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Homework Help: Differentiating Piecewise Functions

  1. Mar 26, 2006 #1
    Hello Calculus Forum,

    I need some help in differentiating piecewise functions and finding local/absolute minimum/maximum values. Problem is, I don't know how. For example,


    .........-x , if x<0
    f(x)={ 2x^3-15x^2+36x , if 0<x<4, or x=0, or x=4
    ........ 216-x , if x>4


    my first inclination is to differentiate each part separately, see where the slopes change in each part, and then calculuate the min/max values using the critical points, but I am not arriving at the correct answers. =\

    I can find out the critical points of the middle part pretty easily
    (x= 2,x=3), but my answer key also reads that there is a local minimum point at f(0)=0
    I really don't have a good idea of how f(0) could be a minimum value, unless it is because x=0 is where the first part of the fuction ends and where the second piece begins, but if I am right in that regard, why isn't x=4 also considered a critical value?

    Hope my question makes sense, and so on.

    ...
     
  2. jcsd
  3. Mar 26, 2006 #2

    HallsofIvy

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    There are no critical points "for the middle part"! Remember that a critical may be at a point where the derivative is 0, or where the derivative does not exist. You are given that
    f(x)= -x , if x<0
    f(x)= 2x^3-15x^2+36x , if 0<x<4, or x=0, or x=4
    f(x)= 216-x , if x>4

    f'(x)= -1, if x< 0
    f'(x)= 6x2-30x+ 36, if 0< x< 4
    f'(x)= -1, if x> 4

    f'(x) does not exist at x= 0 or 4.

    Obviously f' is never 0 for x not between 0 and 4. 6x2- 30x+ 6= 0 is the same as x2- 5x+ 6= (x-6)(x+1) 0 has roots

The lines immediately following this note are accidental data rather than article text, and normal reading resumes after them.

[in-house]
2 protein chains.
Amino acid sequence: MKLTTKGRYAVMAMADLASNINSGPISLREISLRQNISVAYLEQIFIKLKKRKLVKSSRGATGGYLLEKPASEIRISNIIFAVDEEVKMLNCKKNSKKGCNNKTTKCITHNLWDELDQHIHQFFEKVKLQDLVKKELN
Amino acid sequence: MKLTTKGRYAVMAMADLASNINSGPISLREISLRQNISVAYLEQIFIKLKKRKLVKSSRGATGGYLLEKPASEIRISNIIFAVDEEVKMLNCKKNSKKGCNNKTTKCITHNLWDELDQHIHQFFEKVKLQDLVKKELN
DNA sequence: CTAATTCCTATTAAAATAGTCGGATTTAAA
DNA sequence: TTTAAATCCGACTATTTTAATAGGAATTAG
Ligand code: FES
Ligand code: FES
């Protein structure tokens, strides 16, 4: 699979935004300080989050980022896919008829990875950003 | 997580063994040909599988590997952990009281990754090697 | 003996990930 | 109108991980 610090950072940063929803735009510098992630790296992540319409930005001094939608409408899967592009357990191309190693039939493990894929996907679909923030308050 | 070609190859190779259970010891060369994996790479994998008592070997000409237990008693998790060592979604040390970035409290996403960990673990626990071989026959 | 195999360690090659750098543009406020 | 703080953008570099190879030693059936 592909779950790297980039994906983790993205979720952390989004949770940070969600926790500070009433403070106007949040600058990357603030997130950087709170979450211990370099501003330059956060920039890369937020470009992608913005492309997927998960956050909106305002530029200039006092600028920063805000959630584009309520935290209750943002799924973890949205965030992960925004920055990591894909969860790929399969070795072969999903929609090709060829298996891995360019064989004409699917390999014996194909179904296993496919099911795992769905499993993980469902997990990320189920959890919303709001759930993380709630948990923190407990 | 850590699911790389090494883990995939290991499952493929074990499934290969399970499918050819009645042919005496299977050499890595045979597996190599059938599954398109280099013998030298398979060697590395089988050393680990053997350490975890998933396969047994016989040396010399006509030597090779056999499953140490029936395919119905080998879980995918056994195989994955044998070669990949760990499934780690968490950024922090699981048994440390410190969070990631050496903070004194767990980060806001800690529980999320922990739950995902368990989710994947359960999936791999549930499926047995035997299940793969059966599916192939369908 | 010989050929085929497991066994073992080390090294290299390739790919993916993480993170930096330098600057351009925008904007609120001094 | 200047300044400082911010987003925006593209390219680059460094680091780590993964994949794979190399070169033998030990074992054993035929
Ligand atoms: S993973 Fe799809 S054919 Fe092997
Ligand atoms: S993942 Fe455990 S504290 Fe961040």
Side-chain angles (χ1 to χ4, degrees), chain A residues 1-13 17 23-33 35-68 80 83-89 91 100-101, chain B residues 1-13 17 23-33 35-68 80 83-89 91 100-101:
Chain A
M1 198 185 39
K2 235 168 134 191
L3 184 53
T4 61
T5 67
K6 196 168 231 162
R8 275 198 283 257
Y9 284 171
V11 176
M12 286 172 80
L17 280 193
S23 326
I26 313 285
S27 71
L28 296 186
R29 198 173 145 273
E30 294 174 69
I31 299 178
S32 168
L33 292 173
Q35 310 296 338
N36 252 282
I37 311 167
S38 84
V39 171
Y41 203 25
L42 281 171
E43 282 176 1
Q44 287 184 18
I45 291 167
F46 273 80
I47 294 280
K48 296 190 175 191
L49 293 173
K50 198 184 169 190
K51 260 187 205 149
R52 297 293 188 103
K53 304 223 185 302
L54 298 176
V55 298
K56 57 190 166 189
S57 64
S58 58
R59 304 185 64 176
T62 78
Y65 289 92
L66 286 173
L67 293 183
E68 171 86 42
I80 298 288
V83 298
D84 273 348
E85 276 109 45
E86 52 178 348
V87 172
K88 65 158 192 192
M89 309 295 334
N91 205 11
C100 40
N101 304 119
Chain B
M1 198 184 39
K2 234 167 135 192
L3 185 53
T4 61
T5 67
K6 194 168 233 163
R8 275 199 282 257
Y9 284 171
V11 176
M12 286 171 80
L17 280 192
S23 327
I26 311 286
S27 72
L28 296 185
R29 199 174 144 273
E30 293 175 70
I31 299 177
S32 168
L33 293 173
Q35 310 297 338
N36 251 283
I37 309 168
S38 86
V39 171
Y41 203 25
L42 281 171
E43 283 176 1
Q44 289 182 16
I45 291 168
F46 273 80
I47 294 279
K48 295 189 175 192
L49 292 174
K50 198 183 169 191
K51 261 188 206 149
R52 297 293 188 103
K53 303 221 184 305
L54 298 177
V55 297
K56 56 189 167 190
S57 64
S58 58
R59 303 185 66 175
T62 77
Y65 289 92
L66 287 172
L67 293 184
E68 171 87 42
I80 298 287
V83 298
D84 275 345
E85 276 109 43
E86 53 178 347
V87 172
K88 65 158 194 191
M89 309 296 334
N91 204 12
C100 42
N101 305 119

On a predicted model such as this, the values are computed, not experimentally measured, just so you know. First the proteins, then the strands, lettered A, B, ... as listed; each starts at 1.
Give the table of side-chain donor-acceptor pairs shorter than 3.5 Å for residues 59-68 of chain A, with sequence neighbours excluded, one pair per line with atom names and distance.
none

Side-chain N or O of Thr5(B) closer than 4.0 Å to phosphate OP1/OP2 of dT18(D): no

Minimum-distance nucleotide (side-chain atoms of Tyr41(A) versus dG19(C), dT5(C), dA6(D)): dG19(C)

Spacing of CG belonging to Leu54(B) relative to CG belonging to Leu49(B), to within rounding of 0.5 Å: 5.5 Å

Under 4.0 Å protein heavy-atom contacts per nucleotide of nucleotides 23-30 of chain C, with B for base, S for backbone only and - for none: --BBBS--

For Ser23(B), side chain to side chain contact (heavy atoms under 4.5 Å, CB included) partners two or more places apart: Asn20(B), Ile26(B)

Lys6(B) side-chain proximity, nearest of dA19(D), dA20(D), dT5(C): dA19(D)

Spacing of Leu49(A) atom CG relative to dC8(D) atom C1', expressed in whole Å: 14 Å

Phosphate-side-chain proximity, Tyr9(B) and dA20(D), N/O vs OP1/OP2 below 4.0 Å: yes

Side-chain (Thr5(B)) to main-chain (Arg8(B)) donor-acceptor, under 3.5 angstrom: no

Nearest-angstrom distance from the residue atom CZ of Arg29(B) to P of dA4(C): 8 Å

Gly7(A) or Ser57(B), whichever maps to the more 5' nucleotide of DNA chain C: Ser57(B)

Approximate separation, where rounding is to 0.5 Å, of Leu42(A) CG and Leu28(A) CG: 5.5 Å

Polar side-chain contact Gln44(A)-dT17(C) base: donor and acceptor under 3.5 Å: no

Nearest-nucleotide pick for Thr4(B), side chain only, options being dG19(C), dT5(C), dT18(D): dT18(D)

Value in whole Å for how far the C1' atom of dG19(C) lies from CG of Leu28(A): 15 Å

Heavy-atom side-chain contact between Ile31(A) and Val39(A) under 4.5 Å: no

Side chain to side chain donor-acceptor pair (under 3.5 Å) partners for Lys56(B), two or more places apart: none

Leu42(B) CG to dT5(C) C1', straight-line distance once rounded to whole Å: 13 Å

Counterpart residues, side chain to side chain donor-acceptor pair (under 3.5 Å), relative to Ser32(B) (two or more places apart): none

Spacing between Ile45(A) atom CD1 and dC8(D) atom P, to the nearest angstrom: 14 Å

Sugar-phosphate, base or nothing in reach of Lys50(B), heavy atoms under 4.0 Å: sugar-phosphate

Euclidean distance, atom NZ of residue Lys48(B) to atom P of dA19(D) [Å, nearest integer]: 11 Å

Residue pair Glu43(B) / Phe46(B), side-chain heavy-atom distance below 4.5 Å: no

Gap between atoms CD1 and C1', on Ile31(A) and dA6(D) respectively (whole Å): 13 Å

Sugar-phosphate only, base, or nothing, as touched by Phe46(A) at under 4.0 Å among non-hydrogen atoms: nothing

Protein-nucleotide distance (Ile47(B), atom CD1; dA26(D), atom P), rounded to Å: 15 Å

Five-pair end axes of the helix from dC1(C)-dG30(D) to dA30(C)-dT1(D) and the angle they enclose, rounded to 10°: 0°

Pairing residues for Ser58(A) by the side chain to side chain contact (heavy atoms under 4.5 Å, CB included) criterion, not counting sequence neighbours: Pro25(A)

-1 and 6 which are not between 0 and 4. The only possible local max and min are at 0 and 4!

    for x close to 0 but positive, f'(x) is close to 36> 0 so f is increasing to the right of x= 0. On the other hand, for x< 0, f(x)= -x> 0= f(0). Clearly, x= 0 is a local minimum.

    for x close to4 but less than 4, f'(x) is close to 24- 120+ 36< 0 so f is decreasing for x< 4. For x> 4 but close to 4, f(x) is close to 212= f(4) but less. Clearly, x= 4 is a local maximum.
     
  4. Mar 26, 2006 #3
    but isn't 6x^2-30x+36=x^2-5x+6=(x-3)(x-2)

    which would place its roots inside the given domain?

    In addition, since in the original fuction, the domain of the middle function is "x greater than/equal to 0, less than/equal to 4", wouldn't that mean that x=0 and x=4 are within the parameters of the fuction, which would mean that f'(x) would also be defined at those points?

    Thanks a lot for the reply, it's already cleared a lot of things for me. If you could just answer some of my last questions here, that'd be great.

    Thanks.
     
  5. Mar 27, 2006 #4

    AKG